Cash smiled [at the Irish humor,] Be wary of these types of phrases, as they often feel told or distant. It tells why he smiles, when you've already showed the reason why. powered off his iPad, and stretched his long legs. He flipped the footrest down and put the tablet in his backpack, careful of his handmade Lucchese boots. [When he swiveled to face Economy,] Telling a bit here (be wary of "When" statements, as they often tell). Also, why does he look back? What triggered it? he noticed an odd passenger. [Covered head-to-toe in a zebra stripe Snugglie, the dude stared ahead without blinking or moving.] ooo dead guy? Small thing, but if he's covered head to toe, his head is covered and Cash won't be able to see his eyes. The guy must be really sick to wear that in public.

He poked [the student] Would he refer to the person as "the student"? next to him. “Wake up, Logan. Get a load of that.”

Logan Barnes wiped his eyes and swiveled his seat around. He barked a laugh and said, “Looks like a Psych patient. [Check his ankles.”] Unclear. At first I thought Logan saw something on this man's ankles, then when nothing was described I thought maybe he was saying they should check them for something. [Catching the view out the window, he hollered, “Whoo Flaherty, watch out. All the cute girls for me; none for you.”] Why does the view of landscape make Logan suddenly speak about girls?

The question:
Is it strong/interesting enough for a first page?

There are some bumps, but I'd keep reading a bit more. I was intrigued by the potential body on the plane, and the cryptic ad. I do get the sense that Cash is about to find himself in trouble.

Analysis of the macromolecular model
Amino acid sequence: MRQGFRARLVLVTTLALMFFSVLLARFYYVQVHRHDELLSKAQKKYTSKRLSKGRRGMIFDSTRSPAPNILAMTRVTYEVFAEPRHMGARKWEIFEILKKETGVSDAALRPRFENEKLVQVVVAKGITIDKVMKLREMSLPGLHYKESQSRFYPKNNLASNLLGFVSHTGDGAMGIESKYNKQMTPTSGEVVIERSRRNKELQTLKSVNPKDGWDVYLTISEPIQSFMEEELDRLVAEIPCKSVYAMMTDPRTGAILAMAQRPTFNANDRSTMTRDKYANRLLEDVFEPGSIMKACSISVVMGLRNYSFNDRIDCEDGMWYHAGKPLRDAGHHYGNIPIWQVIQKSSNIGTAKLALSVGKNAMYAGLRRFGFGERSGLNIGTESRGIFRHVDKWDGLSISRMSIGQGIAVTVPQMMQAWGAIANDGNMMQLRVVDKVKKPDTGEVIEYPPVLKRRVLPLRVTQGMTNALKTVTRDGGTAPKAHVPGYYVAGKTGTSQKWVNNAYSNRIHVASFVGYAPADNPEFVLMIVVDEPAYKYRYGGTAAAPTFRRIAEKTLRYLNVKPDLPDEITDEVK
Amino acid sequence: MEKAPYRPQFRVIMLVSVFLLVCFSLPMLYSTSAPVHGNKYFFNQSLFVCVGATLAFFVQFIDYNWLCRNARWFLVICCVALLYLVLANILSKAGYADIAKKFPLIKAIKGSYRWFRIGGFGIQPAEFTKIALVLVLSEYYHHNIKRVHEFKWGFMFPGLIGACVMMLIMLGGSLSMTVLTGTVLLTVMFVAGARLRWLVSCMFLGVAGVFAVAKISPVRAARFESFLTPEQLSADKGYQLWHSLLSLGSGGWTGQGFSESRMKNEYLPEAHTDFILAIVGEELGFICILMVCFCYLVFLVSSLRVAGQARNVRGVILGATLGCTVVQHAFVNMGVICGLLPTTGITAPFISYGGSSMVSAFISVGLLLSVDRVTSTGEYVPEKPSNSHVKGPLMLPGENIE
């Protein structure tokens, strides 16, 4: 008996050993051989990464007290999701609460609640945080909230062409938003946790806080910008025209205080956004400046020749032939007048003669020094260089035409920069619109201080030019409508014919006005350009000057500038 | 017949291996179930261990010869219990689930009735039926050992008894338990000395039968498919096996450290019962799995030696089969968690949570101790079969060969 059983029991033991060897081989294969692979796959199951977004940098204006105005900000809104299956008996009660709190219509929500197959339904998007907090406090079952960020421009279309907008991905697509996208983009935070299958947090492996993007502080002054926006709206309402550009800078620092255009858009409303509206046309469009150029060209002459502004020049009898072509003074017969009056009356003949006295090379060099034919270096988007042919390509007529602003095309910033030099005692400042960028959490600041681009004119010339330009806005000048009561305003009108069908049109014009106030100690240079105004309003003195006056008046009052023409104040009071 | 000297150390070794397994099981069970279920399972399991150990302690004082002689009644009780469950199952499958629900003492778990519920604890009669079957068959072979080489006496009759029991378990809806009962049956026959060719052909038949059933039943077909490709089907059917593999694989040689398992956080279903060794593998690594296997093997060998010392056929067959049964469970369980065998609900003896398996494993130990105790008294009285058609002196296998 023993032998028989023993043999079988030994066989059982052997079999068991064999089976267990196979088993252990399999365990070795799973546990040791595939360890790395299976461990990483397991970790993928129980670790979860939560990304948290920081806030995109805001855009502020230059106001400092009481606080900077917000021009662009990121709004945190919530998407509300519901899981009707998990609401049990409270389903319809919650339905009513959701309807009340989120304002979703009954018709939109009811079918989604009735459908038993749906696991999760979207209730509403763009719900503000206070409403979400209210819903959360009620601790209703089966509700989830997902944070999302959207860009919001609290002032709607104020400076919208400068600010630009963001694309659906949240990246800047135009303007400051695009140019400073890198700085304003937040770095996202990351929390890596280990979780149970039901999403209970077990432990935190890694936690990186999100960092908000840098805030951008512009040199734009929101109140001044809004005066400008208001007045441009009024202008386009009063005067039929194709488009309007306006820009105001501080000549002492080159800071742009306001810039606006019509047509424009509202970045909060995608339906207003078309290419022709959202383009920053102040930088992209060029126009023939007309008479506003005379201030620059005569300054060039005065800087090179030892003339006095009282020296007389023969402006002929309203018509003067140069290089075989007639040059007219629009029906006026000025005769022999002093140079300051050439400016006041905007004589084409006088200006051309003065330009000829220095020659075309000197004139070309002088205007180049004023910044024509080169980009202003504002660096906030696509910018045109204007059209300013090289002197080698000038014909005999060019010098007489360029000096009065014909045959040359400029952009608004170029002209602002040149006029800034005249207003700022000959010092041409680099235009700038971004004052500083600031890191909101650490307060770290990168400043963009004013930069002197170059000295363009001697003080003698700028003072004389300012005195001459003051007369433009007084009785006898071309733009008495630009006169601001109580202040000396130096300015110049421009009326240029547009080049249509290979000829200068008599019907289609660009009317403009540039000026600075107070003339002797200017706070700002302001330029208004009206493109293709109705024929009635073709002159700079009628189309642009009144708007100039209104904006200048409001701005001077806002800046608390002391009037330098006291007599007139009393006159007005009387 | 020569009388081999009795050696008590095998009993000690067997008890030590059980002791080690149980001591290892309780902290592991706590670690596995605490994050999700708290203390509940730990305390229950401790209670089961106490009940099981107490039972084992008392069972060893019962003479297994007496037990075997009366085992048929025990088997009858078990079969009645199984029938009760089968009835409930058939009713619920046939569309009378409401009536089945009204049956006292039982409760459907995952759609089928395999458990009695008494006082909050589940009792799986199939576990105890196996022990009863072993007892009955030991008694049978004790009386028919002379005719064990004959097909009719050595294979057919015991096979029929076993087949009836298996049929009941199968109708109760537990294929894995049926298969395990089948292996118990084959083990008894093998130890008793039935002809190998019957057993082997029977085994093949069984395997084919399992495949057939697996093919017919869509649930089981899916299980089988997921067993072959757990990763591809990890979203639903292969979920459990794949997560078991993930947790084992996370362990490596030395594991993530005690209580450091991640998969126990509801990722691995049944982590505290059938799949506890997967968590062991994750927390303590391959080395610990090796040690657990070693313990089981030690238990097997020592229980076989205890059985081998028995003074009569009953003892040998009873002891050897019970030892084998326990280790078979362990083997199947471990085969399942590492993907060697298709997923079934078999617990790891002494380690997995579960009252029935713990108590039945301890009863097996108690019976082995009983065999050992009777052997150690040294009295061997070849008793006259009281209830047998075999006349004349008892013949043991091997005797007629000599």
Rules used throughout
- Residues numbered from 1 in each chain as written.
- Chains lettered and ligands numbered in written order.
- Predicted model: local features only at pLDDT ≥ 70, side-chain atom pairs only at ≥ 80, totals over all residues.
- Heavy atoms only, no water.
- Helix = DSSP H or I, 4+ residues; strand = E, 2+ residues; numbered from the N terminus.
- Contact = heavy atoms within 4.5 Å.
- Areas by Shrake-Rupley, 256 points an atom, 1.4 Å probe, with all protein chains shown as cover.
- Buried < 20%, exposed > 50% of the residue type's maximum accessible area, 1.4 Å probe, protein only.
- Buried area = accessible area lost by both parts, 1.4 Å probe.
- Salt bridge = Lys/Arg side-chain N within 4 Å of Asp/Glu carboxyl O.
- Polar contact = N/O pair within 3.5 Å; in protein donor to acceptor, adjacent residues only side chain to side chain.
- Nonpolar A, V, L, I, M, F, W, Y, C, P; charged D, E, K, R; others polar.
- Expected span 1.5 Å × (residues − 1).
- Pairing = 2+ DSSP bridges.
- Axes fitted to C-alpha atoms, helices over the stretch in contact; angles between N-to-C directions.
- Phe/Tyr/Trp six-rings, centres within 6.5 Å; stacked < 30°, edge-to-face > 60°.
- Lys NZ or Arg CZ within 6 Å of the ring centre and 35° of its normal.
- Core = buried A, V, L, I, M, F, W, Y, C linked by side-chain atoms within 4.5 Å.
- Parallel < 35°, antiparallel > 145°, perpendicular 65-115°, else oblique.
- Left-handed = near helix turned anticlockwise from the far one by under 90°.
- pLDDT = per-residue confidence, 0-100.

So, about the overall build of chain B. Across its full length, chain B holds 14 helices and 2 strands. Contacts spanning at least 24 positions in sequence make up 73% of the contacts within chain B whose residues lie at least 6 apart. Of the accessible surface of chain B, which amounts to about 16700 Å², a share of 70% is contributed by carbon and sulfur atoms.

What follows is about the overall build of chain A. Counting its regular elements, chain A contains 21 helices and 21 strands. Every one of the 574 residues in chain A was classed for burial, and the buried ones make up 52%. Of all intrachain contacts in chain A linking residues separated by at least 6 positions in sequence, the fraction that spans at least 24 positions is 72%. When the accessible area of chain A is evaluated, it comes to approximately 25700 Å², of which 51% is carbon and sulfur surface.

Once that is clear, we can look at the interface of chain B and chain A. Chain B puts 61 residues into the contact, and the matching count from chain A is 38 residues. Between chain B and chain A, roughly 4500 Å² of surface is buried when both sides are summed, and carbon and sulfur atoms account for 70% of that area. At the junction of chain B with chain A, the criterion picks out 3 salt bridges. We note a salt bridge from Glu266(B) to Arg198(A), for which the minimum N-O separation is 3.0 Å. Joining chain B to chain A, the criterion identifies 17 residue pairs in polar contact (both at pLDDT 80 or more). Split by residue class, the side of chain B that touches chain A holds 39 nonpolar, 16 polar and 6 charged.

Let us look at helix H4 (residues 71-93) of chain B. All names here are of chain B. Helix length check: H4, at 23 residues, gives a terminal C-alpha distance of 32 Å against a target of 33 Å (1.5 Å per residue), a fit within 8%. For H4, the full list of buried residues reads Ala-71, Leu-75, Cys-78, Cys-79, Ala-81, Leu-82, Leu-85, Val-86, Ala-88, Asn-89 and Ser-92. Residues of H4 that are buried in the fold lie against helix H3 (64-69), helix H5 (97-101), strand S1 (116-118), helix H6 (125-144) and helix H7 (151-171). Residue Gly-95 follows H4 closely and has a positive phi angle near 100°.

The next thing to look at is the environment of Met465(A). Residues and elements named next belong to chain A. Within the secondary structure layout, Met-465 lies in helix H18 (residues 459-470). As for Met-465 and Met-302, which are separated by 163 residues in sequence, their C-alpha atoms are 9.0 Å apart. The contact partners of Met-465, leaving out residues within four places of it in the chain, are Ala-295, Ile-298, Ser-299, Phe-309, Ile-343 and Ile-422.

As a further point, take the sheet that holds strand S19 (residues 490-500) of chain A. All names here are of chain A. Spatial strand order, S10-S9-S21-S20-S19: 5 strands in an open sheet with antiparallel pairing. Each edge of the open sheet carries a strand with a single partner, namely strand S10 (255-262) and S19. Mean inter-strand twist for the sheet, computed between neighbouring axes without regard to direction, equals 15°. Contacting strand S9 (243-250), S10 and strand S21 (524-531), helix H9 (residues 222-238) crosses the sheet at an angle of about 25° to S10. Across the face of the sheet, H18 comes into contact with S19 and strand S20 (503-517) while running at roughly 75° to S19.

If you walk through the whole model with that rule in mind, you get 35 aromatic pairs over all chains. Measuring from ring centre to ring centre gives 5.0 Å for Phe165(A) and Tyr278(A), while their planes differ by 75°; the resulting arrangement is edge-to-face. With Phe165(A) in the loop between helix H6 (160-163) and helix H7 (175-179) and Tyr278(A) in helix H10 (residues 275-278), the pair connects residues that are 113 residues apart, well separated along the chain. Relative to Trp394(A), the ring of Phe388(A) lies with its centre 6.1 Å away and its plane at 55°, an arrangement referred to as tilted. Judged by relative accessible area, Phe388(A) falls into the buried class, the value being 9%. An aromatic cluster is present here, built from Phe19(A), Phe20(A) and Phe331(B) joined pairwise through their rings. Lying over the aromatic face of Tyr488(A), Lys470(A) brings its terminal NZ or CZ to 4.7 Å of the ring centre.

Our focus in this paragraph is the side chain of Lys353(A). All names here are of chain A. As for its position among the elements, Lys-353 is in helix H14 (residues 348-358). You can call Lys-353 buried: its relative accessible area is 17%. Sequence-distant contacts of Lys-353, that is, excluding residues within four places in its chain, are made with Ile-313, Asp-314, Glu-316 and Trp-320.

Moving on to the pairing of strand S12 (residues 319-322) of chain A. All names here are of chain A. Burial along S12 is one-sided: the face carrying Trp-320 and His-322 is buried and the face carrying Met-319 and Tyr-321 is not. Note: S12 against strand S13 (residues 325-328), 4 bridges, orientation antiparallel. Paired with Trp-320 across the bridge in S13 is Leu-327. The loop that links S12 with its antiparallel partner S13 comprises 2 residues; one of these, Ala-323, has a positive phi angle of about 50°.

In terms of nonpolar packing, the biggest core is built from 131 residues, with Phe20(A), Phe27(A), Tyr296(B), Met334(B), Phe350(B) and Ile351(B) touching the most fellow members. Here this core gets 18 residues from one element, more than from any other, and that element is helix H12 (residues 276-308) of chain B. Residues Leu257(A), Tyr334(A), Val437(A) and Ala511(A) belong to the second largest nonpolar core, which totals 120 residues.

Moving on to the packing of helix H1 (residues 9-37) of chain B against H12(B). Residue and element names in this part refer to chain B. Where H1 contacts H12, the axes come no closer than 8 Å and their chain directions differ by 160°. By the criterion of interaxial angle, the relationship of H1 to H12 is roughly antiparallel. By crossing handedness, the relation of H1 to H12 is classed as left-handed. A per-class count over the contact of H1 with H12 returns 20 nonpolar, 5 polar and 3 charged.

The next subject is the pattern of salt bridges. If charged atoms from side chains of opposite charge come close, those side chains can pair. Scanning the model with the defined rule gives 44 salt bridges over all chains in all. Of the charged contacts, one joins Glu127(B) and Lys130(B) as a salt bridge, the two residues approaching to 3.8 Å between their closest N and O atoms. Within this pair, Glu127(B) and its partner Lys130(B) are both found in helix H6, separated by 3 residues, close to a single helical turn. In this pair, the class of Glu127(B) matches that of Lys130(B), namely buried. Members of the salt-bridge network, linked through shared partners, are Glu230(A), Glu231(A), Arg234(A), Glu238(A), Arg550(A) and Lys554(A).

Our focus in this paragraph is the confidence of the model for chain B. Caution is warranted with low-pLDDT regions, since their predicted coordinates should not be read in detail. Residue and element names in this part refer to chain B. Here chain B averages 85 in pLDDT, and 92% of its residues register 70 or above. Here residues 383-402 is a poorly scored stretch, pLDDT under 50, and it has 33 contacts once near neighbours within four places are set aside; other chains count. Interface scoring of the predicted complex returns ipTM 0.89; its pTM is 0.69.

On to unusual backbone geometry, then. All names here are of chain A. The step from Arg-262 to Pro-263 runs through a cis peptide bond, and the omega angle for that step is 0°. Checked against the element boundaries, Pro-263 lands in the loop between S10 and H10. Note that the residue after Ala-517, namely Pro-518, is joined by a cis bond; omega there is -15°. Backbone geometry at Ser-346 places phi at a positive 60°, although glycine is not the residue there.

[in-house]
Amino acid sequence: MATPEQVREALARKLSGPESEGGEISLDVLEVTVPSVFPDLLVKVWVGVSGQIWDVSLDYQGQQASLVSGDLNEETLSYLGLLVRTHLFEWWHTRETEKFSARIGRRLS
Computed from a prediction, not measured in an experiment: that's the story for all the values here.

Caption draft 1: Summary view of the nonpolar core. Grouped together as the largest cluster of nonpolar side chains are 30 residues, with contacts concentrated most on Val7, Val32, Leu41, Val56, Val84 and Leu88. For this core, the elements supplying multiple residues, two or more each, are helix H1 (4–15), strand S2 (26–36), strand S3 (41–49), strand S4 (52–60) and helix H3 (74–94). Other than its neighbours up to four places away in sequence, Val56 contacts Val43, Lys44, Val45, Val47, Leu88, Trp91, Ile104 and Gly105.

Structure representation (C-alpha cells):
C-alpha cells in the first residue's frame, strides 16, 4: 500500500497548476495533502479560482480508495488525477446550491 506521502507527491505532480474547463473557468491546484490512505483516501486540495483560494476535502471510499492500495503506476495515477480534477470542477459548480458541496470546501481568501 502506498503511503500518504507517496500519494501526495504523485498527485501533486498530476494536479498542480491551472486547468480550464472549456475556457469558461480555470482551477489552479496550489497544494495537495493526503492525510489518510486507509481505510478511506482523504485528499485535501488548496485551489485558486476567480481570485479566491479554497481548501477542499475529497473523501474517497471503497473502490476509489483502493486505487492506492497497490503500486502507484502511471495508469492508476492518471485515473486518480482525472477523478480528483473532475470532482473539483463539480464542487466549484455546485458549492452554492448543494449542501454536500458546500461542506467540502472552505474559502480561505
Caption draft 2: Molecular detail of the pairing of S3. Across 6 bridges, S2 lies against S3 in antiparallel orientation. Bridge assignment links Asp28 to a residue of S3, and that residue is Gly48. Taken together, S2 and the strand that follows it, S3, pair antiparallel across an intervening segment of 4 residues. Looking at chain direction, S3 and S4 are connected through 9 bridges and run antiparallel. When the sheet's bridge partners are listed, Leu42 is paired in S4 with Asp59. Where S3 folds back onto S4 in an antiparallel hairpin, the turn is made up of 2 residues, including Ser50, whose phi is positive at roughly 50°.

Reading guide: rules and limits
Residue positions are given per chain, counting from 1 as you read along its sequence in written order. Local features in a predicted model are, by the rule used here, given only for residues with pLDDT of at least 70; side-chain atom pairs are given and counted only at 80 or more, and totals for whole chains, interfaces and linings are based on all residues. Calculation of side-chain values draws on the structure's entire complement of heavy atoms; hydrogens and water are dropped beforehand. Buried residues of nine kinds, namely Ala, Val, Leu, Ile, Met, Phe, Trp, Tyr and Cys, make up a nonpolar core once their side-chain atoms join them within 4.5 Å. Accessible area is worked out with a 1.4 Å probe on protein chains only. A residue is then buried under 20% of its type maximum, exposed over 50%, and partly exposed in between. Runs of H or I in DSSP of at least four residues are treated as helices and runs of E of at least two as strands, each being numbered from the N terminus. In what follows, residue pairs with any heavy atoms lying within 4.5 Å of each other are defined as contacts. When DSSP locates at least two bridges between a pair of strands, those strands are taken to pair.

I didn't connect with Cash as a character yet though, because the point of view kept me at a distance. (but I'm not a fan of a distant POV, so it could just be me. Folks, chime in here) The told sentences added to this, and I'd suggest tweaking them to show more. For example:
Cash smiled at the Irish humor, powered off his iPad, and stretched his long legs.
The bold section tells why Cash smiles instead of letting the reader hear the dialog and see Cash smile, and figure out the Irish humor caused it. A quick fix:
Cash smiled and powered off his iPad, then stretched his long legs.
You could even add some internalization.
Cash smiled. Were all the Irish this funny or just the pilots? He powered off his iPad, and stretched his long legs.
When he swiveled to face Economy, he noticed an odd passenger.
When statements are big red flags for telling prose. They explain what the character does instead of just showing them doing it, as if the narrator already knows what's going to happen. If you were watching Cash, just you'd see him turn around and face economy. It also telegraphs that something resulted from this. When this happened is caused something else. And because it feels like a trigger sentence, it hides the fact that nothing actually triggers Cash to suddenly turn around and look at economy. Why would he do this? Plot says he has to, but nothing in the text does.

I'd also suggest clarifying some of the vague areas, such as the timeframe issue I had in the opening paragraph, and the cryptic ad. If a reader feels lost or confused right away, it hurts the chances of them reading on.

Overall, the snippet had a strong foundation and wouldn't take much tweaking to make it shine. It did make me want to know what happened next despite the bumps.

Thanks to our brave volunteer for submitting this for me to play with. I hope they–and others–find it helpful. I don’t do a full critique on these, (just as it pertains to the questions) and I encourage you to comment and make suggestions of your own. Just remember that these pieces are works in progress, not polished drafts, so be nice and offer constructive feedback.